What You Need to Know about CERCLA

What is CERCLA? Its full name is the Comprehensive Environmental Response, Compensation and Liability Act, and is commonly known as Superfund. It was created so the Federal government has broad authority to respond directly to releases or threatened releases of hazardous substances that could potentially endanger the environment or public health.

It was also created to provide tighter controls and regulations in response to questionable and potentially dangerous hazardous management practices that were prevalent in the 1970s. It’s funded by a tax on the chemical and petroleum industries.

The purpose of CERCLA is to identify sites where leakage, spillage or general mismanagement (or lack of compliant hazardous waste removal plan) of hazardous substances are posing a threat to the public or environment. Once these sites have been identified, the next step is to provide clean-up of these substances and hold the responsible individual or company accountable for the clean-up. These sites are frequently referred to as Superfund Sites. The fund is used to provide clean-up services when no responsible party can be identified.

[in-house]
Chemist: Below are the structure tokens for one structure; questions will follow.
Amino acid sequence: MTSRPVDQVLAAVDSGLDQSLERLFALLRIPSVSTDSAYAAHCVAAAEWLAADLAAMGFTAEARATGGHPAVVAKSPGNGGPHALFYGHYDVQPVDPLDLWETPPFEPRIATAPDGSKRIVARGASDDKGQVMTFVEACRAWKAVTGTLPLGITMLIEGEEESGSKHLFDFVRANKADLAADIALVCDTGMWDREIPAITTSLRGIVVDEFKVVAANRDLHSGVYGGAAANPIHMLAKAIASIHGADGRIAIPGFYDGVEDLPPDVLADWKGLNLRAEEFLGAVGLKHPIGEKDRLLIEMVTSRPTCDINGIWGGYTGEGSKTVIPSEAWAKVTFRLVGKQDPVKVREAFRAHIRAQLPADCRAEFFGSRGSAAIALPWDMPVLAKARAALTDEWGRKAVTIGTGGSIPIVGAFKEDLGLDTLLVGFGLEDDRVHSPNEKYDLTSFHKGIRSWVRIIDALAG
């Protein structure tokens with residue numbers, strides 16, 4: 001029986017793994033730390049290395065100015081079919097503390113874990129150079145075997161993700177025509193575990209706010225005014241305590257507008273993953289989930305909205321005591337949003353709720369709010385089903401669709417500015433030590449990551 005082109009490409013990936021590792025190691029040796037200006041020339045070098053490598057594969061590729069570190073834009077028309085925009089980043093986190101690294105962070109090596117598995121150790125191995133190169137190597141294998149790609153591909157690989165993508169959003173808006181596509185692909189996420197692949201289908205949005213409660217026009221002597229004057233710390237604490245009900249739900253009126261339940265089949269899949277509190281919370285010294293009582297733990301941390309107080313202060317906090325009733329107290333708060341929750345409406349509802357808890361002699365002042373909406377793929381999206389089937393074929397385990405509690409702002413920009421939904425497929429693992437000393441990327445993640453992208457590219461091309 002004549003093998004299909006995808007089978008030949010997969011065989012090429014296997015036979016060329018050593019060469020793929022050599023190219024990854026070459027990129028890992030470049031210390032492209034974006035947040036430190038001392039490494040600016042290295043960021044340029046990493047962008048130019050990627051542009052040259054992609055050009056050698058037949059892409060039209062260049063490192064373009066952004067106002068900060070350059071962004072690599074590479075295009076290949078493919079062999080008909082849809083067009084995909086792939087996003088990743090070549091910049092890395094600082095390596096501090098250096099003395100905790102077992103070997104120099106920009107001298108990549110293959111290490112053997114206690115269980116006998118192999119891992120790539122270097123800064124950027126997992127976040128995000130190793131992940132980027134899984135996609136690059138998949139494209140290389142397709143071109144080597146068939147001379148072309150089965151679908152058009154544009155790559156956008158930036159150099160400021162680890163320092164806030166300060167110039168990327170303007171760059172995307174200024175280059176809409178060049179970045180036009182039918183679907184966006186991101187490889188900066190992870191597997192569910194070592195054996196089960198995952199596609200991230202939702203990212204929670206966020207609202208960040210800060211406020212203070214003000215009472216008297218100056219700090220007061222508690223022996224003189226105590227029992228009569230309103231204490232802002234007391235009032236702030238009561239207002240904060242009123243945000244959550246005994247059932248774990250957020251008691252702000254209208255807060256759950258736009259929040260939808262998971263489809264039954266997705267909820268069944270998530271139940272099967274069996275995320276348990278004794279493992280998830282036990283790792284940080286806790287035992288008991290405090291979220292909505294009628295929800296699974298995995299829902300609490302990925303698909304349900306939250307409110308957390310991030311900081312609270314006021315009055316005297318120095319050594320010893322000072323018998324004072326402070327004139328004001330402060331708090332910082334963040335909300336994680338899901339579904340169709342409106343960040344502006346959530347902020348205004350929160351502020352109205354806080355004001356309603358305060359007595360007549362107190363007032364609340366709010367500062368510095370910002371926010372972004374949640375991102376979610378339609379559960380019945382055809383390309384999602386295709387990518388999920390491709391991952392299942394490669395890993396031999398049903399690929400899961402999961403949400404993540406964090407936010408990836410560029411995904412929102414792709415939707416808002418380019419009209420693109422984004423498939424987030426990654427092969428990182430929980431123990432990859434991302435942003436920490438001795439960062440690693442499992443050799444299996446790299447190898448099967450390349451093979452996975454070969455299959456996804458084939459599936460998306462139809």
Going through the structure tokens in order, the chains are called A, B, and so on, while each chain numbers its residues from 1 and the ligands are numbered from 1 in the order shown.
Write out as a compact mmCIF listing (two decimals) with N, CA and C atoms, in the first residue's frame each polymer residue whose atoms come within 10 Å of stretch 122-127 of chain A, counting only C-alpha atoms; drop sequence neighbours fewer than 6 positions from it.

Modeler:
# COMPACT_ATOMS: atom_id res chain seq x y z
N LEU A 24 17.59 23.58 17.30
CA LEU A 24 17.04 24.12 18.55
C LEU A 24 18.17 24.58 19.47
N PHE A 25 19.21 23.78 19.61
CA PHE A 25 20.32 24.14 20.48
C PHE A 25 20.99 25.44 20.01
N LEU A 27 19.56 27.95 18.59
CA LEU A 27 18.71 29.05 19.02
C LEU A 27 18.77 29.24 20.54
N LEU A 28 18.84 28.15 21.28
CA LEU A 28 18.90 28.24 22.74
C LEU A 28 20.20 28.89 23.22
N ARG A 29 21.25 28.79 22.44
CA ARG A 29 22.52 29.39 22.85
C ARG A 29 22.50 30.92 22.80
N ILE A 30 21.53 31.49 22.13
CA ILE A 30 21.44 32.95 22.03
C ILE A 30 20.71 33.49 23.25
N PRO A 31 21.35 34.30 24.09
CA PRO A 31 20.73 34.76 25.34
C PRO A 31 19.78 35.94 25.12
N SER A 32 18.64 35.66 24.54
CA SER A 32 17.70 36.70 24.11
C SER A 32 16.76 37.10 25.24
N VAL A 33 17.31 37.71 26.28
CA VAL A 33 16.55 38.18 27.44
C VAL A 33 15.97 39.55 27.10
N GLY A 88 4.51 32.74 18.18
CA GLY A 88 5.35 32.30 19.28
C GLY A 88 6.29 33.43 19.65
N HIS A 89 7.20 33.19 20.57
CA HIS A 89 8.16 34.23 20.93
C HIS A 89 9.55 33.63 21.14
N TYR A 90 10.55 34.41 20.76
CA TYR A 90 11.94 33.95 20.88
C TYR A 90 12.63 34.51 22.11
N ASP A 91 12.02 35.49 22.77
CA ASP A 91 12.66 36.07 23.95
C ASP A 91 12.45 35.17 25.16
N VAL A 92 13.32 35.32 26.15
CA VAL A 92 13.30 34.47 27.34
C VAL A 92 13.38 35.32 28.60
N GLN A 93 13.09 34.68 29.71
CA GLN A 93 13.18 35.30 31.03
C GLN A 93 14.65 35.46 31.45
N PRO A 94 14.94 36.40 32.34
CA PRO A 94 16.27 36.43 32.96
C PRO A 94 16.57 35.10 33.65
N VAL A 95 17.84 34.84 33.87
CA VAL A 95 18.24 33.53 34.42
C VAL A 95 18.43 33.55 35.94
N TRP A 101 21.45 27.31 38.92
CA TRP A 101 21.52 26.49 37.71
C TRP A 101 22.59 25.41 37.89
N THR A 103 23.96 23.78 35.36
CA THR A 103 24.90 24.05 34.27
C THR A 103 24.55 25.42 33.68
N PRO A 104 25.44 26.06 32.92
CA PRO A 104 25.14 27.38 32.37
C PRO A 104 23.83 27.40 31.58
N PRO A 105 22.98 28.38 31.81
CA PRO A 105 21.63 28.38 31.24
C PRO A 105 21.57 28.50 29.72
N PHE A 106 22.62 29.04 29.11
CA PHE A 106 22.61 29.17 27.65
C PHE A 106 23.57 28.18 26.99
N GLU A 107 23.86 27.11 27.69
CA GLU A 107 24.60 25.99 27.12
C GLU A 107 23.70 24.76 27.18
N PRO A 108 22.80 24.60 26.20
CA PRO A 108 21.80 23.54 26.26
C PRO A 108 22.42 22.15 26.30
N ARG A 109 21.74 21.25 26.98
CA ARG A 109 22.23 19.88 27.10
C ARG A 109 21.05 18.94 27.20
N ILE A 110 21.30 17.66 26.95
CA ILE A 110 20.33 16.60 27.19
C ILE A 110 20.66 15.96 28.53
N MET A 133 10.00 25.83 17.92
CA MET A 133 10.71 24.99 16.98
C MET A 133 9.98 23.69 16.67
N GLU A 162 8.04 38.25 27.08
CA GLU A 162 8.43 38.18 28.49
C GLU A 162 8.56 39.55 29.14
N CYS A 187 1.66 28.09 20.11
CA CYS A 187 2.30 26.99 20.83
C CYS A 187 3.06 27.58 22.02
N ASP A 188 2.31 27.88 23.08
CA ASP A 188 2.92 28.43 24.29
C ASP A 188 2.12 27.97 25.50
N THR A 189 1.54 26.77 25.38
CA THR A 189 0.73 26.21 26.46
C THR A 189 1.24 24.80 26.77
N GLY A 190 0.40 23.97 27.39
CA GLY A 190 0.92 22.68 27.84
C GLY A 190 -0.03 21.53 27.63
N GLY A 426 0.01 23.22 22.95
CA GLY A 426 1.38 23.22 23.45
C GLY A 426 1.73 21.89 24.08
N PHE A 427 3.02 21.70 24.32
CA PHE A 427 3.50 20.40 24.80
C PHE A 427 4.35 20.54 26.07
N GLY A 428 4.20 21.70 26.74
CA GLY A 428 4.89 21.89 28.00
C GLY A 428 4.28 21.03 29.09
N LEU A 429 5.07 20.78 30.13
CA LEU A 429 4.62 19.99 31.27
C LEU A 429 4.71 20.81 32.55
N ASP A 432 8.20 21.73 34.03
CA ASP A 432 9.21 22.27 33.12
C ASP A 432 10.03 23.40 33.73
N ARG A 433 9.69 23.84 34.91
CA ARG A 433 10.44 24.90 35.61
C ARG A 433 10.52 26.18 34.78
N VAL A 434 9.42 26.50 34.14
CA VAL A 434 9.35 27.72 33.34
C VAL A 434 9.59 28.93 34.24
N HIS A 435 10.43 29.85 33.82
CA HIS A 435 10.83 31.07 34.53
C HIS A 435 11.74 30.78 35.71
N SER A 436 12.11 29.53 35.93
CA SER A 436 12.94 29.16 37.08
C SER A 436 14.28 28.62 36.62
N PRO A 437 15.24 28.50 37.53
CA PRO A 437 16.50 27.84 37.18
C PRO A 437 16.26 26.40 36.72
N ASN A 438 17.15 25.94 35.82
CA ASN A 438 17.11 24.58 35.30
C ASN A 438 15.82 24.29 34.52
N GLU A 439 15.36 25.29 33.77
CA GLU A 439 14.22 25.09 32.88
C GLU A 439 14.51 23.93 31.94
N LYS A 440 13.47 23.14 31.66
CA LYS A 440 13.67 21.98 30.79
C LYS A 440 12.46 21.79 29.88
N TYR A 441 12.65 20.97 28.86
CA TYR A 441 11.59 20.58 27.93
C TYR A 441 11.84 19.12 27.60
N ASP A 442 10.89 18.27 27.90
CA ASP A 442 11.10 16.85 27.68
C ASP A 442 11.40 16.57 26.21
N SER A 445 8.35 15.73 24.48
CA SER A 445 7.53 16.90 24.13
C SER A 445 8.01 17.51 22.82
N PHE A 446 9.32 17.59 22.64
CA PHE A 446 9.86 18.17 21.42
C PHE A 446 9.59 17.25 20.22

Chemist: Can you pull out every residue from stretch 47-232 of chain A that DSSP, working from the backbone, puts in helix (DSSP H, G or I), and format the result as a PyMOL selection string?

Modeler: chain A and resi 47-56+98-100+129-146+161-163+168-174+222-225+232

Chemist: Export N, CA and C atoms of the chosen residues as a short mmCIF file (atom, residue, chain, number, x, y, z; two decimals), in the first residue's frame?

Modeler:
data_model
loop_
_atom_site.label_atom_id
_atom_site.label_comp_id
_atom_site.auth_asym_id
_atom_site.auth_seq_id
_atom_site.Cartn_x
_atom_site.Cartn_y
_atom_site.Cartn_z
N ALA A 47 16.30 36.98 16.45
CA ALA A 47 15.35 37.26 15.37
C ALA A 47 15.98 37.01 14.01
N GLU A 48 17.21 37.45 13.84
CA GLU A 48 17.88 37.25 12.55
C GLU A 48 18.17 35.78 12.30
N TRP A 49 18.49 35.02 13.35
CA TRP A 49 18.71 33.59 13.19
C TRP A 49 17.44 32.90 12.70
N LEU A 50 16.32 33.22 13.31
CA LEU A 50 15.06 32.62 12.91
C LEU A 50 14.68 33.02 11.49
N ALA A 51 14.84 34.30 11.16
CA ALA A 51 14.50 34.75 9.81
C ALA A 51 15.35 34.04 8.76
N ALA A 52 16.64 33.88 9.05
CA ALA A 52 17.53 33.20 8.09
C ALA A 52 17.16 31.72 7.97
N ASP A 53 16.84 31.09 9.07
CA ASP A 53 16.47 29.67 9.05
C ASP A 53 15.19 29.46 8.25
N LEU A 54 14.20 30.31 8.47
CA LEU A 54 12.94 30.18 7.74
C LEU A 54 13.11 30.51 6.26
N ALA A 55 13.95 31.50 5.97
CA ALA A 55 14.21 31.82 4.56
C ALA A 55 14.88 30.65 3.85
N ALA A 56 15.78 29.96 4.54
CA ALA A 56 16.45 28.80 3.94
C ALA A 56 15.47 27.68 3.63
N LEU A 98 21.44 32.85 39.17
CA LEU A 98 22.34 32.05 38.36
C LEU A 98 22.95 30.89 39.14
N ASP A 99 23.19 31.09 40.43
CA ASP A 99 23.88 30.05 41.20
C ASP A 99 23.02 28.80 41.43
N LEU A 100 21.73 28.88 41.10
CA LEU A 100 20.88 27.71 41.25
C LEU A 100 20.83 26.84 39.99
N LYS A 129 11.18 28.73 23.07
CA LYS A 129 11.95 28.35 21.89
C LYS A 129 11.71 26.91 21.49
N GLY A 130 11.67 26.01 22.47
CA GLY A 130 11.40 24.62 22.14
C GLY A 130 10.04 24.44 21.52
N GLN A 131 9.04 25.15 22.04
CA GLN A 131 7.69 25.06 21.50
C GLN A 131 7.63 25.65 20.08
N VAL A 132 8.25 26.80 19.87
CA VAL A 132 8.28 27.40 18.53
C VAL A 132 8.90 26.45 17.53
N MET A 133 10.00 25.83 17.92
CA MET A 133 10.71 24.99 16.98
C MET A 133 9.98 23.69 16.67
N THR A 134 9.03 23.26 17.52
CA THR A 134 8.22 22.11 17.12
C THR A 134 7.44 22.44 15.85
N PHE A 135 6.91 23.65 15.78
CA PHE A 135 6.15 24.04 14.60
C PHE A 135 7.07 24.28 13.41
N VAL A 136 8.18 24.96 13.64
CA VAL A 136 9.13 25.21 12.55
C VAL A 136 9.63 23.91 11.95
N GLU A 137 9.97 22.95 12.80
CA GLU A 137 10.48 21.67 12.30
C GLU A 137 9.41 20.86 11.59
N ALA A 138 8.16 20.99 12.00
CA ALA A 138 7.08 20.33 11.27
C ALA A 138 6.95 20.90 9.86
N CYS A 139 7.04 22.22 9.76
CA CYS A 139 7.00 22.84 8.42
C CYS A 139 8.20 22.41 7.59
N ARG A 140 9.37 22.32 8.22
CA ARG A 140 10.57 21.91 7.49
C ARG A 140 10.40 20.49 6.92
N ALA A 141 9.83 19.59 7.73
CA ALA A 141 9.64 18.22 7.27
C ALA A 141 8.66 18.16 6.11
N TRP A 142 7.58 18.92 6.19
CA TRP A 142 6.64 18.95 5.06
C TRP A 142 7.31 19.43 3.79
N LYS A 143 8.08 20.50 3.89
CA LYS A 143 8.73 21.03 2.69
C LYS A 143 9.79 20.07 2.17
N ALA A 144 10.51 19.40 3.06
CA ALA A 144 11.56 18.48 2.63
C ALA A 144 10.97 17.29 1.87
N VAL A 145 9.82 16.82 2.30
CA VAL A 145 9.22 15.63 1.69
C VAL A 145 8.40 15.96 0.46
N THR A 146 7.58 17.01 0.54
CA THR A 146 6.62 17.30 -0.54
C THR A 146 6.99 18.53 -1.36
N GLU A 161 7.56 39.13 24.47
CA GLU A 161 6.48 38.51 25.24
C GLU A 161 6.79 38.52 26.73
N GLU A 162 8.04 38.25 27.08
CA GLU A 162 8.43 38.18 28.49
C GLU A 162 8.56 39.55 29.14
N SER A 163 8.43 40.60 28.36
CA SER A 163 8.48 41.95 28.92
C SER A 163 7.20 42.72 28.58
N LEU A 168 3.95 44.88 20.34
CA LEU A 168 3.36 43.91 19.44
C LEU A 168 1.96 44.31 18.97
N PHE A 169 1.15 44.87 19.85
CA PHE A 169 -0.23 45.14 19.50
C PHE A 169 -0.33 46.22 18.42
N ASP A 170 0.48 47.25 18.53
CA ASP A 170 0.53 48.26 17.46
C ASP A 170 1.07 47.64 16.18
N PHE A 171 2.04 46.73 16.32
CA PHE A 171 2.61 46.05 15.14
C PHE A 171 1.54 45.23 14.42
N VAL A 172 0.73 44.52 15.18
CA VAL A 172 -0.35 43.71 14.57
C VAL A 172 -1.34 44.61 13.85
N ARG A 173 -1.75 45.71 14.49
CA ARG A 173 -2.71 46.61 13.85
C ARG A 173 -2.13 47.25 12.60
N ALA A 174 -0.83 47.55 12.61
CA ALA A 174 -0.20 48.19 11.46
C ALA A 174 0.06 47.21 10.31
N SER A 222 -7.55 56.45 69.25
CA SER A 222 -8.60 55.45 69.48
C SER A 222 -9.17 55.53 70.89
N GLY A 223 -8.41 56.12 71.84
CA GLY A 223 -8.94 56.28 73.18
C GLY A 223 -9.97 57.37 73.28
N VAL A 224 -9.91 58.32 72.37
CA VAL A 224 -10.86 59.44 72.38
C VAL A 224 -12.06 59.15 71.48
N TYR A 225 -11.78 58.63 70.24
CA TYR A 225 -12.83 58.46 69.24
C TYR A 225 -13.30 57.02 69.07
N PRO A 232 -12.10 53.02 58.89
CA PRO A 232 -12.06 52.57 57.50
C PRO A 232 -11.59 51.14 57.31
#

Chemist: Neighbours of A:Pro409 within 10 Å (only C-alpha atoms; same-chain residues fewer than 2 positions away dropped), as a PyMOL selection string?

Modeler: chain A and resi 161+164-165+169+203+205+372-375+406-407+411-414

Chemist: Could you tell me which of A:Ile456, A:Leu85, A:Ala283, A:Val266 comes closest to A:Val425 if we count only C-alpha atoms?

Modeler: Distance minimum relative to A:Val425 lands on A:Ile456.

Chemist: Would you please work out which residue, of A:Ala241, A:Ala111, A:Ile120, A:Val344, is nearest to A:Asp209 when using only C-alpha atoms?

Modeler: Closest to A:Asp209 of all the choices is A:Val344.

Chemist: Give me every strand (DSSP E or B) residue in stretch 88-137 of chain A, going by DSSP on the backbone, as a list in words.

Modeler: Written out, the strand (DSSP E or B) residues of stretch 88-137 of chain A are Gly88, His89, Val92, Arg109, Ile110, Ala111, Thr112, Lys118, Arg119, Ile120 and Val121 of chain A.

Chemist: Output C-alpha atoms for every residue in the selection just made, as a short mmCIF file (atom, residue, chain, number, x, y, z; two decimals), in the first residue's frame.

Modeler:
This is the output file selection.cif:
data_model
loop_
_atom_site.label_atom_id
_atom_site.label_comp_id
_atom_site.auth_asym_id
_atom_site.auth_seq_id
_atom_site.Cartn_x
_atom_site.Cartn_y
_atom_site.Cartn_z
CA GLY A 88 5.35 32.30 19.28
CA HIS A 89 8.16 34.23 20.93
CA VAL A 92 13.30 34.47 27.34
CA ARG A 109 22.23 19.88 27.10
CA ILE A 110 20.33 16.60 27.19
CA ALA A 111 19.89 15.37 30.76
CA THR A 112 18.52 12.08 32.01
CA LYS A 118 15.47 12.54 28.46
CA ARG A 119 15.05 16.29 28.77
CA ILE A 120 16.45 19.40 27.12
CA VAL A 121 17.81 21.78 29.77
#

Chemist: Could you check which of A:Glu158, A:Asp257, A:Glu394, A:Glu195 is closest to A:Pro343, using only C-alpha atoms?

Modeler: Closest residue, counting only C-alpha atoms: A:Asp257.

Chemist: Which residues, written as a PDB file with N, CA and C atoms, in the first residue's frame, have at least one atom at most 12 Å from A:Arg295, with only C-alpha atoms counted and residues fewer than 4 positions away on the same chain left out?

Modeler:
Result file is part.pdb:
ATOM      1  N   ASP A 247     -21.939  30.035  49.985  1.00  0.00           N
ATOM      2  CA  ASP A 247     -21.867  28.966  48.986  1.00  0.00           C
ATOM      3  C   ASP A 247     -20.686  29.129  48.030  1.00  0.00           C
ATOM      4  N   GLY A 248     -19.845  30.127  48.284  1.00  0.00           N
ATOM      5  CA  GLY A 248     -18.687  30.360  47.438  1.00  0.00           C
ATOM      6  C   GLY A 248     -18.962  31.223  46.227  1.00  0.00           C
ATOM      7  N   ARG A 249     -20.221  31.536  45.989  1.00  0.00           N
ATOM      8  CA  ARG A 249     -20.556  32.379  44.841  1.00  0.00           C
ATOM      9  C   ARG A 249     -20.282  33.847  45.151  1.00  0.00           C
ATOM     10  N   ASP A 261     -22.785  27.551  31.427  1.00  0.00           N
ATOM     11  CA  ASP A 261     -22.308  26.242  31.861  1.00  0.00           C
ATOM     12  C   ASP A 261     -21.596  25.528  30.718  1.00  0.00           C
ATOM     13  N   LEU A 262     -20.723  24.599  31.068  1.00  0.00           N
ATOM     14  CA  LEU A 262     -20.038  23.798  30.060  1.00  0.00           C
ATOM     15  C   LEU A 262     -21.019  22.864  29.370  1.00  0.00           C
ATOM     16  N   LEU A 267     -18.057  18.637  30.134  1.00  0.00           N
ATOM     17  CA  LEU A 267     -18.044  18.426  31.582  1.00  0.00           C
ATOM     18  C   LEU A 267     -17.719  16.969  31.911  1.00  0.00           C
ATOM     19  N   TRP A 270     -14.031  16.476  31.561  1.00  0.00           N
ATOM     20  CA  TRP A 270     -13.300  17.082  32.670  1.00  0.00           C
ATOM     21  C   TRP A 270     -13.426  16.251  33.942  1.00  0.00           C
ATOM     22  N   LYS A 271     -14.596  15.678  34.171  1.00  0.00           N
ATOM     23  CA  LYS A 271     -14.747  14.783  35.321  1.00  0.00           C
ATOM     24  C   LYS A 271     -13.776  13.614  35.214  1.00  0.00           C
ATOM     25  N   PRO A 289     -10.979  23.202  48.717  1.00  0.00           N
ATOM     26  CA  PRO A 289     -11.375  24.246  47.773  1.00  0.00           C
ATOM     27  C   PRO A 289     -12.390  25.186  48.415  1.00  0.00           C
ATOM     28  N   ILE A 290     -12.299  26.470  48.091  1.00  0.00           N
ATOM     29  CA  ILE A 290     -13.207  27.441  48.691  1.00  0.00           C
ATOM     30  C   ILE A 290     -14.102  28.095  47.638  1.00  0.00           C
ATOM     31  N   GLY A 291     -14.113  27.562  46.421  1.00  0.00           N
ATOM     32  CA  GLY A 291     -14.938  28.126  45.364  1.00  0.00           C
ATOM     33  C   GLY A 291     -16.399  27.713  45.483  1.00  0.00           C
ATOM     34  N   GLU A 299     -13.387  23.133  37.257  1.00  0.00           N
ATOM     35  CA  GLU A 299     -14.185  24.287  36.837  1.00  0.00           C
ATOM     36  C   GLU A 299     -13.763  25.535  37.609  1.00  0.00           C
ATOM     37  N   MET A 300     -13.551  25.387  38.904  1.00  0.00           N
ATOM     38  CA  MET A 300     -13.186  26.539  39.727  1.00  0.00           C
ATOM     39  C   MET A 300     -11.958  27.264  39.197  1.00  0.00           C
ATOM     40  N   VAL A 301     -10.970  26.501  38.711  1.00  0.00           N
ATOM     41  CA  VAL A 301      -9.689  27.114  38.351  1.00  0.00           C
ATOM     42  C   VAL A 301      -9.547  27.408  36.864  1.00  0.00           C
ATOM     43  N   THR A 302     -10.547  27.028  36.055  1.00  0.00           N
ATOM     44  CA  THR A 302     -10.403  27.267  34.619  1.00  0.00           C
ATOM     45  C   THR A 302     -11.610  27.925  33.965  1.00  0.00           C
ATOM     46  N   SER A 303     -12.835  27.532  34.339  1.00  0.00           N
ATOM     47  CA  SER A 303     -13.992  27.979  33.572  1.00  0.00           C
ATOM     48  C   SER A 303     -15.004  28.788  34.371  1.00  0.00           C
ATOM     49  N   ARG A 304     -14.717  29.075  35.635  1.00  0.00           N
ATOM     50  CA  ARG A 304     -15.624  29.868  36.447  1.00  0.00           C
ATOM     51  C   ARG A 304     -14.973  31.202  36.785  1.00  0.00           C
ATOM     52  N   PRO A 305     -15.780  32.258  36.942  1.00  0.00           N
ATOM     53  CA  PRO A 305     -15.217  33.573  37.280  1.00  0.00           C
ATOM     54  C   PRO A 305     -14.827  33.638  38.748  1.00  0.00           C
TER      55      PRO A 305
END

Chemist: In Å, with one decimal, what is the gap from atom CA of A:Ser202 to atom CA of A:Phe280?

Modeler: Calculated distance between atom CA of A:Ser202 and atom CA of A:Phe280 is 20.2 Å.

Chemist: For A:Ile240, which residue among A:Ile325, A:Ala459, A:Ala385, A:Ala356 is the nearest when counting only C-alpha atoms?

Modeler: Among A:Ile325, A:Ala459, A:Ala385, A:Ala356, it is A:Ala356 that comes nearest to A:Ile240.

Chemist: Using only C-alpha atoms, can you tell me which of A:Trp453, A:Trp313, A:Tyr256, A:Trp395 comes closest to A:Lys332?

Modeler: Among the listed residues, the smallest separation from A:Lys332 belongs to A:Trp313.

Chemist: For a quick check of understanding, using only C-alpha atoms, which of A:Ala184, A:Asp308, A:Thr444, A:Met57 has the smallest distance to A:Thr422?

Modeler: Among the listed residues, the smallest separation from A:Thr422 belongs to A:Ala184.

CERCLA Authorizes 2 Response Actions

CERCLA provides authority for 2 different types of actions:

  1. Short-term removals, where releases or threatened releases require prompt responses.
  2. Long-term remedial action to permanently and significantly reduce the dangers of releases or threatened release of hazardous waste substances that are serious, but not immediately life threatening.

These actions are only able to be carried out at sites that are listed on the EPA’s National Priorities List (NPL).  These actions apply to listed hazardous materials and substances, contaminants and pollutants except oil and gas. CERCLA generally tries to identify the individuals or organizations responsible for the mistreatment of the hazardous waste substances before taking actions on its own.

CERCLA powers and responsibilities do overlap those of the Resource Conversation and Recovery Act (RCRA), the Clean Water Act, and the Safe Drinking Water Act.

CERCLA and RCRA both have jurisdiction with respect to hazardous materials and underground storage tanks containing petroleum products. The types of waste that are controlled are outlined by CERCLA, and the protocol and guidelines for these tanks are outlined by amendments to RCRA.

CERCLA’s goal is to promote strong accountability, community involvement and long-term protectiveness.

If you are looking for help for hazardous or non-hazardous waste removal, disposal or transport, please contact HWH Environmental at 1-877-777-6708.

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